Dungeons and Dragons and Improv
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Dungeons and Dragons and Improv

Dungeons and Dragons Live brings tabletop role-playing out of the basement and into Comedy Bar.

A map of the realm of T'Rannah, drawn by Sean Murray.

Dungeons and Dragons Live: The Legend of T’Rannah
Comedy Bar (945 Bloor Street West)
Every Wednesday from August 22 to September 19, 8 p.m.
$12 ($10 students)

From the moment the audience walked into Comedy Bar for the first installment of Dungeons and Dragons Live: The Legend of T’Rannah, they were hit by a wall of smoke. Judging by the slightly acrid odour, familiar to anyone who’s attended a heavy metal show, it was clearly the product of a smoke machine. It crept out from the small theatre in the back and filled the whole place, making the regulars sitting at the bar seem like mysterious figures, perhaps adventuring companions enjoying a pint of ale before their next campaign.

Behind the curtain at the back of the bar, the smoke became even thicker, and green laser lights cascaded over the heads of the audience. In the middle of the stage, atop a pedestal, sat the ultimate decider of fate: a huge twenty-sided die, glinting like a magical ruby. Stage right, a hooded figure sat, his hands hidden behind a propped up Dungeon Master’s Guide: he would be the narrator and guide for the adventure that was about to unfold.

The Legend of T’Rannah is a project by the comedy troupe Bad Dog Theatre. It’s being hosted by Comedy Bar for five weeks. Each Wednesday until September 19th, an intrepid cast of characters will explore the mystical land of T’Rannah (which is, of course, a fantasy version of Toronto) with the careful guidance of the masterful Dungeon Master, and the audience. The performance is equal parts role-playing adventure and improv comedy.

The show is an interactive experience that calls for some audience participation. Each audience member is provided with a map in their program, and together they choose the locations that the adventurers—rapscallion halfling rogue May Cottonball (Molly Davis), delicate 1/16th-elf paladin Matthew Glavin (Adam Cawley), bookish half-orc cleric Frok-Nor (Allana Reoch), brash half-elf/half-gnome druid Starhalla Scrindyboot (Evany Rosen), and seductive rascal Berrick the Bard (Rob Norman)—will explore during the night’s quest. In true tabletop role-playing game style, audience members are also called upon to roll the Twenty-Sided Die of Power in order to determine the success—or failure!—of the actions of the brave companions.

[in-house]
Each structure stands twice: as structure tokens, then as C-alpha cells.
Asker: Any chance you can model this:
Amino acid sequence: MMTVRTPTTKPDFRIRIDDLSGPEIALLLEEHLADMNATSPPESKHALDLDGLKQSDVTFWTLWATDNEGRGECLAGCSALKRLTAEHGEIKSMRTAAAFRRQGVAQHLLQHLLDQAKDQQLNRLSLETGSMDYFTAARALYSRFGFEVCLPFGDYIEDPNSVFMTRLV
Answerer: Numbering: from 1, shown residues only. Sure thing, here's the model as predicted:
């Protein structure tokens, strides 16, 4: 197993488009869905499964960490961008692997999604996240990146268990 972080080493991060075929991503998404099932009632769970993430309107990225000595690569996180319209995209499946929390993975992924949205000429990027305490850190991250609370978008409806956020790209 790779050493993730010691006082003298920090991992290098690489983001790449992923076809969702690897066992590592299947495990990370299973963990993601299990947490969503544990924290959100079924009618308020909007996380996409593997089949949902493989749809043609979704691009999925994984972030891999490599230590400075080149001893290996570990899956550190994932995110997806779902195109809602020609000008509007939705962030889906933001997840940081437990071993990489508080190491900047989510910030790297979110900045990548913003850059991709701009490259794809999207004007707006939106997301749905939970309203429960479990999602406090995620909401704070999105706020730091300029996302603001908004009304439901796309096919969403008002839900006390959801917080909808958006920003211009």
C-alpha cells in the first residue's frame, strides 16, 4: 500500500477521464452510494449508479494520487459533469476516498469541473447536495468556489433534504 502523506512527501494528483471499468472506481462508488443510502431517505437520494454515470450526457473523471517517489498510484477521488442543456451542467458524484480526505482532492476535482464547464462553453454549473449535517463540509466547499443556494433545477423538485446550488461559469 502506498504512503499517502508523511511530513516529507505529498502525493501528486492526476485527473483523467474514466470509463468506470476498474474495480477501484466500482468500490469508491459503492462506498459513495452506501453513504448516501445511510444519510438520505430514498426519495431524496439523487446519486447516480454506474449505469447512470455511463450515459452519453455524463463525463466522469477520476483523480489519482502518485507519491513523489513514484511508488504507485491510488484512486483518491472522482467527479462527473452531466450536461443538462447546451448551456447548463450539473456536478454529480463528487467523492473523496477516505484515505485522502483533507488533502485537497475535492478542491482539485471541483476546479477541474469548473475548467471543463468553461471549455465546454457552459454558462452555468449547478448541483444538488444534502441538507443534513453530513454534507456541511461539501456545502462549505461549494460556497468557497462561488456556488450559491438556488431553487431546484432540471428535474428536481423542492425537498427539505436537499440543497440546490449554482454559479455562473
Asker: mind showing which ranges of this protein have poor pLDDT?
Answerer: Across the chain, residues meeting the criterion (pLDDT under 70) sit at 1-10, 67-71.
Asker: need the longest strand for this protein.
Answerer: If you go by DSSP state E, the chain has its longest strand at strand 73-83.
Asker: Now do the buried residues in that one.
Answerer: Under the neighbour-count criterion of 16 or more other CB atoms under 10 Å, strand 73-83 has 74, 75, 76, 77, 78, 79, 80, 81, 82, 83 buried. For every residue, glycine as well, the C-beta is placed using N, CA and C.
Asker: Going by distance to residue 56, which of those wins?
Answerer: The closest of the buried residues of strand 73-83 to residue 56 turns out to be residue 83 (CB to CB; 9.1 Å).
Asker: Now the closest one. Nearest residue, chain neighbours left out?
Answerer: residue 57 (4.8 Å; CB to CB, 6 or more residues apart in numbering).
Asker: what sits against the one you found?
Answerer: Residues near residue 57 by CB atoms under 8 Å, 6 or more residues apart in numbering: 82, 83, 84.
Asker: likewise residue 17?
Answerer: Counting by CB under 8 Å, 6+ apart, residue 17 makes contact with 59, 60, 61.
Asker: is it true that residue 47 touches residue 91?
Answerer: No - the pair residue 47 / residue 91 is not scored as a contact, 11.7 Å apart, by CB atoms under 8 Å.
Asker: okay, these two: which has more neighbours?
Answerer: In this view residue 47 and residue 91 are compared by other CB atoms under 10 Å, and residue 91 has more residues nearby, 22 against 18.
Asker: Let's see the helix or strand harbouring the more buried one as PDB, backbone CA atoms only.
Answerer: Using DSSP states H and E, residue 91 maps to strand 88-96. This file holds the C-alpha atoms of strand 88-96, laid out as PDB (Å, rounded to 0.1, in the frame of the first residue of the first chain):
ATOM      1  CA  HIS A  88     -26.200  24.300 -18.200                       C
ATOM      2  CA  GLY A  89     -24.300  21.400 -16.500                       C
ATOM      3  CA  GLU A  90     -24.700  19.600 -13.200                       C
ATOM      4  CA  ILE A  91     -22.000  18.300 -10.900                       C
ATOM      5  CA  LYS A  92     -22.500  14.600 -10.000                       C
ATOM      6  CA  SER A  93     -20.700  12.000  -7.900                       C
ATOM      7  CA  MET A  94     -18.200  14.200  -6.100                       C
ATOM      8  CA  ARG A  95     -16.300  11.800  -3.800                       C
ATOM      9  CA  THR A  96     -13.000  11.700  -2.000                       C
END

During the first performance on Wednesday, the group awoke in the Islington Jail, where they had been imprisoned by the Dark Sorceror Drofbor the Terrible (played by Chris Gibbs, and whose name should be read backwards for an extra giggle) and his ugly hench-thing Grok’Nor Henderson (Ted Hambly), the half-elf assassin. After escaping, half of the party went to explore the mystical ruins of Castle Oma, while the rest ventured to The Dan Fort to untangle an arranged marriage between the hesitant Matthew Glavin and none other than the grand-daughter of the evil Drofbor himself. Along the way, kazoos were swallowed, vines enchanted, time was travelled through, and virginal half-orcs became more experienced (though what happens in the time-portal stays in the time portal). In addition to the cast of adventurers and villains, a full coterie of NPCs (non-player characters for the less nerdy among you) play any other characters the party happens to encounter on their journey (as well as set pieces, scenery, and important objects, such as a dead tree or a sparkling orb).

The adventures in T’Rannah, and the battle to save it from the influence of the boorish villain Drofbor, have just begun. Anyone who has ever played a role-playing game late into the night, sustained by Mountain Dew and covered in cheeto dust, will adore this show, as will fans of improv, comedy, and leather breeches.

Photo by Michal Grajewski.